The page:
- Share this article on Facebook
- Share this article on Twitter
- Share this article on Email
- Show additional share options
- Share this article on Print
- Share this article on Comment
- Share this article on Whatsapp
- Share this article on Linkedin
- Share this article on Reddit
- Share this article on Pinit
- Share this article on Tumblr
It’s been eight years since the exhibits first came to life in high-concept, low-brow Night at the Museum, and after itself exhibiting a bit more life with a peppy 2009 sequel, the franchise is seriously showing its age with what is purported to be its final installment.
Despite relocating across the pond to the esteemed British Museum, the creaky Night at the Museum: Secret of the Tomb fails to capitalize on the comic potential provided by that change of venue.
Instead it plays like a contractual obligation with original director Shawn Levy, Ben Stiller and company (including Robin Williams in his final screen performance) content to simply reprise the funnier bits from the previous two movies.
While the dispiritingly dull, poorly-paced upshot will probably still unearth untold riches for 20th Century Fox (the first two Museum outings earned some $988 million between them), it’s still a shame the franchise couldn’t have gone out on a more energetic note.
After an Indiana Jones-style prologue set in 1938, the action moves to present day, where recently-promoted director of nighttime operations Larry Daley (Stiller) discovers those life-like exhibits have developed a disturbing glitch.
Tracing the cause to the Ahkmenrah’s (Rami Malek) rapidly corroding golden tablet, Daley makes a pilgrimage to London, accompanied by his son Nicky (with Skyler Gisondo taking over from Jake Cherry) to confer with Ahkmenrah’s dad (the always welcome Ben Kingsley).
But even with added attractions Sir Lancelot (Dan Stevens), Rebel Wilson (as a bubbly security guard) and a bunch of cameos, including Hugh Jackman and Andrea Martin, the film still feels like a tired relic.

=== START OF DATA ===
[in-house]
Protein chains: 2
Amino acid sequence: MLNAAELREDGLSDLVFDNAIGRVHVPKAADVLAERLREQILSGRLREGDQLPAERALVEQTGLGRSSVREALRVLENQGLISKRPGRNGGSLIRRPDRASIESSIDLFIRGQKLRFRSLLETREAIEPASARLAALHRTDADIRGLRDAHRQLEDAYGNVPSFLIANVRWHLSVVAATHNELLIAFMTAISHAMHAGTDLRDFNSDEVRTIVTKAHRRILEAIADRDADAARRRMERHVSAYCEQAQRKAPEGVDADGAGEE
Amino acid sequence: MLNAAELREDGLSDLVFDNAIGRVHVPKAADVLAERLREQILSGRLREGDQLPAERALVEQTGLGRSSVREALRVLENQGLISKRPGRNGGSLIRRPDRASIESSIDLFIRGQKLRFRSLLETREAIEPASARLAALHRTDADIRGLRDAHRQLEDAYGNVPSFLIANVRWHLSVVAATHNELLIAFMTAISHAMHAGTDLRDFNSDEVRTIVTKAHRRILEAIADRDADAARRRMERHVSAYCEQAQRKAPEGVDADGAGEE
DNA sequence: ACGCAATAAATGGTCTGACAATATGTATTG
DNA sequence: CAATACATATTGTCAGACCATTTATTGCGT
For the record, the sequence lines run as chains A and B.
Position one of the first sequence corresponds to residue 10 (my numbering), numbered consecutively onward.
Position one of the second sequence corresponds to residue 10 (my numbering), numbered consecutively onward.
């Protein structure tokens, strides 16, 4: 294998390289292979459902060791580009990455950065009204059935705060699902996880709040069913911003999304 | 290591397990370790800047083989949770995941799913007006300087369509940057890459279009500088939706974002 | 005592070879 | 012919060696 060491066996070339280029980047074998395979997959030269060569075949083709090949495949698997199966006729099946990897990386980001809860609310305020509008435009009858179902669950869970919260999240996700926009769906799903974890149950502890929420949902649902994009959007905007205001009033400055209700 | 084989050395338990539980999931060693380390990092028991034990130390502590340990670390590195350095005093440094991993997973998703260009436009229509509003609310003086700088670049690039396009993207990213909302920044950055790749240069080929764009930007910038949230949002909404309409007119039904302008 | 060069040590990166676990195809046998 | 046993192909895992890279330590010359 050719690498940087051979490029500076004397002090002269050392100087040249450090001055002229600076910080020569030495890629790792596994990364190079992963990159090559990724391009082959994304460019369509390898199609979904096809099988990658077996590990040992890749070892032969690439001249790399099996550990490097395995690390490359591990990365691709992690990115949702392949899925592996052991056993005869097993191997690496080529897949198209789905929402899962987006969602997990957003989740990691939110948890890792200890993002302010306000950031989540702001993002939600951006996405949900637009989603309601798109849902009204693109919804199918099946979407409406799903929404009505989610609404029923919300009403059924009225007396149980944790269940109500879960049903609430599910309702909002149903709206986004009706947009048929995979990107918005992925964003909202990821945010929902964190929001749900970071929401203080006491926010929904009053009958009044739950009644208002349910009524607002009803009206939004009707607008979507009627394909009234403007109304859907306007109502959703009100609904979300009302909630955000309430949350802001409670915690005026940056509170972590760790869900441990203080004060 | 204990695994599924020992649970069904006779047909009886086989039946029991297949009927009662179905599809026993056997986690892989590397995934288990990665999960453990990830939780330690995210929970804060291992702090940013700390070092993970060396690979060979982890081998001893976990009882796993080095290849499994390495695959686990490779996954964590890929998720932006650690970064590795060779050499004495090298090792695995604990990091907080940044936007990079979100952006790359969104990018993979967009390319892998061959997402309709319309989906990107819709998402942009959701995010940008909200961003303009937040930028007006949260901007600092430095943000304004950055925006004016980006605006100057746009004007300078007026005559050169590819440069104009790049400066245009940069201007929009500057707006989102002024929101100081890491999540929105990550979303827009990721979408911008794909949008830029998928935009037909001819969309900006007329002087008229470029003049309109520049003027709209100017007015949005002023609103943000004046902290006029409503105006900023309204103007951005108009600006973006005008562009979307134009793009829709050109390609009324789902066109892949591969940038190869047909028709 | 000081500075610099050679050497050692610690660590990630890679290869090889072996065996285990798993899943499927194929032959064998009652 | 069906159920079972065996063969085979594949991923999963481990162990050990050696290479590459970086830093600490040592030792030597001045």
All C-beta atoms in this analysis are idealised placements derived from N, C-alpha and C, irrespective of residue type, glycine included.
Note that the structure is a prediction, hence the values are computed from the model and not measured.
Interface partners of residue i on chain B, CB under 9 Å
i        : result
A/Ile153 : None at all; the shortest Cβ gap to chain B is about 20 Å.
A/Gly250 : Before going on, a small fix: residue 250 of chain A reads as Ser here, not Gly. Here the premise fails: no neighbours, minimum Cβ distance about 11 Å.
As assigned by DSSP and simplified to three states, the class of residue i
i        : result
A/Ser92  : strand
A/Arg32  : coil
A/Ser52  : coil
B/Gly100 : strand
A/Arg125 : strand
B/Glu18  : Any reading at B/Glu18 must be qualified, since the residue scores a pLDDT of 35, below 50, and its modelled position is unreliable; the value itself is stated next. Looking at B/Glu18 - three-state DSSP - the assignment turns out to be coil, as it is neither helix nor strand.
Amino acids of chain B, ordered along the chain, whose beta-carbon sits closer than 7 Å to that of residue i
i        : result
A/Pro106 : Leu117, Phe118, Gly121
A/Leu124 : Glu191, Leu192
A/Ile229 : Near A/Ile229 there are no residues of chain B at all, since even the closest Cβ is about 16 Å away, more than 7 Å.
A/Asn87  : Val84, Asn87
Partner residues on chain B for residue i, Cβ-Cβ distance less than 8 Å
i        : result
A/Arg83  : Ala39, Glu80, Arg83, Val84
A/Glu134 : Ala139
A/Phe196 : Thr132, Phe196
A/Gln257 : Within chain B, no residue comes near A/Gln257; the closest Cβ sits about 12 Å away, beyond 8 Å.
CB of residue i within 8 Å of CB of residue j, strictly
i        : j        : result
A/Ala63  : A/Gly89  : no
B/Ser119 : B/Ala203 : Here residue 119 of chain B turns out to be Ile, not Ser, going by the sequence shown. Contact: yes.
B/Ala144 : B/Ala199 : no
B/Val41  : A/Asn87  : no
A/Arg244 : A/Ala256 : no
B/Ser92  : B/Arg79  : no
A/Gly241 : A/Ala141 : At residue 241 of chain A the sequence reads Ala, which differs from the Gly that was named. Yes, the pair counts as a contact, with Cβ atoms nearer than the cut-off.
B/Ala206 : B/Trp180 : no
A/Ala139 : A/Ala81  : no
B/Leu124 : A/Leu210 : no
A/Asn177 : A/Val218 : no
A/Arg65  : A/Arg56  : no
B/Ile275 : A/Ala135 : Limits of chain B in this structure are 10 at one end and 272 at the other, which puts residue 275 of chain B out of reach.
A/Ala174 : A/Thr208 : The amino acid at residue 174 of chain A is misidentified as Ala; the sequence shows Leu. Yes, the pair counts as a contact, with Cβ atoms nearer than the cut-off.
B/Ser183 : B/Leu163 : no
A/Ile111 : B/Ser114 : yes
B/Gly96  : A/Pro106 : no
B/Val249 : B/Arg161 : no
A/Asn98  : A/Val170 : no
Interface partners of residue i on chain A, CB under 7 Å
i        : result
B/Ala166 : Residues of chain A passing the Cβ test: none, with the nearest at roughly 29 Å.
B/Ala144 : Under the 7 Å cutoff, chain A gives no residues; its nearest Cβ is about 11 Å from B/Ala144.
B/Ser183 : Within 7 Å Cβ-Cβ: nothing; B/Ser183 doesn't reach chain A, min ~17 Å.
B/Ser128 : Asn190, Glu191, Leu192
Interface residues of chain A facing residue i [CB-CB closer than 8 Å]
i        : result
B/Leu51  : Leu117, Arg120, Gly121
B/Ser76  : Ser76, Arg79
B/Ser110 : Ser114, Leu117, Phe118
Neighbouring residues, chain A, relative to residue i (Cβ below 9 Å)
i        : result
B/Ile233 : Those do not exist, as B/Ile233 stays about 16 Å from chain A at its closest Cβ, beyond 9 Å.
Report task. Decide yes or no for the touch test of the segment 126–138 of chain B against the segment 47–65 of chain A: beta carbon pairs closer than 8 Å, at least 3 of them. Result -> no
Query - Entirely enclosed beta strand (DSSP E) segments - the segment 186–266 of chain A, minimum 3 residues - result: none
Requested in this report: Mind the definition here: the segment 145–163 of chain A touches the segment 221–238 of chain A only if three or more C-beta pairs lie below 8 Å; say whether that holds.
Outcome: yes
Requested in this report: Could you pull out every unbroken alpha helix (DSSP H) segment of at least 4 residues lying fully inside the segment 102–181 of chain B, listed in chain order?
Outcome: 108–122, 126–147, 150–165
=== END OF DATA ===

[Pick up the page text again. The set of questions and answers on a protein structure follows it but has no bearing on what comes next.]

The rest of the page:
There’s also an undeniable element of melancholy in seeing Williams (reprising his Teddy Roosevelt) in his swan song, and even though the script by David Guion and Michael Handelman (Dinner for Schmucks) doesn’t give him much to do, he looks tired throughout.
The film also marks the penultimate appearance of the late Mickey Rooney, briefly reunited here along with Dick Van Dyke and Ernest Tubbs.
Read More: Shawn Levy Exits Warner Bros.’ ‘Minecraft’
Even when Stiller and director Levy attempt to do something different here, like having Stiller also play the part of his prehistoric ancestor, the clearly improvised interplay fails to match some of the welcome goofy irreverence provided by Hank Azaria and Jonah Hill back at the Smithsonian.
Time to hang up the “Closed for Renovation” sign.
Production companies: 21 Laps, 1492 Pictures
Cast: Ben Stiller, Robin Williams, Owen Wilson, Dan Stevens, Ben Kingsley, Steve Coogan, Ricky Gervais, Rebel Wilson.
Director: Shawn Levy
Screenwriters: David Guion & Michael Handelman
Producers: Shawn Levy, Christopher Columbus, Mark Radcliffe
Executive producers: Mary McLaglen, Josh McLaglen, Dan Levine
Director of photography: Guillermo Navarro
Production designer: Martin Whist
Costume designer: Marlene Stewart
Editor: Dean Zimmerman
Composer: Alan Silvestri
Casting directors: Heike Brandstatter, Coreen Mayrs
Rated PG, 97 minutes
Sign up for THR news straight to your inbox every day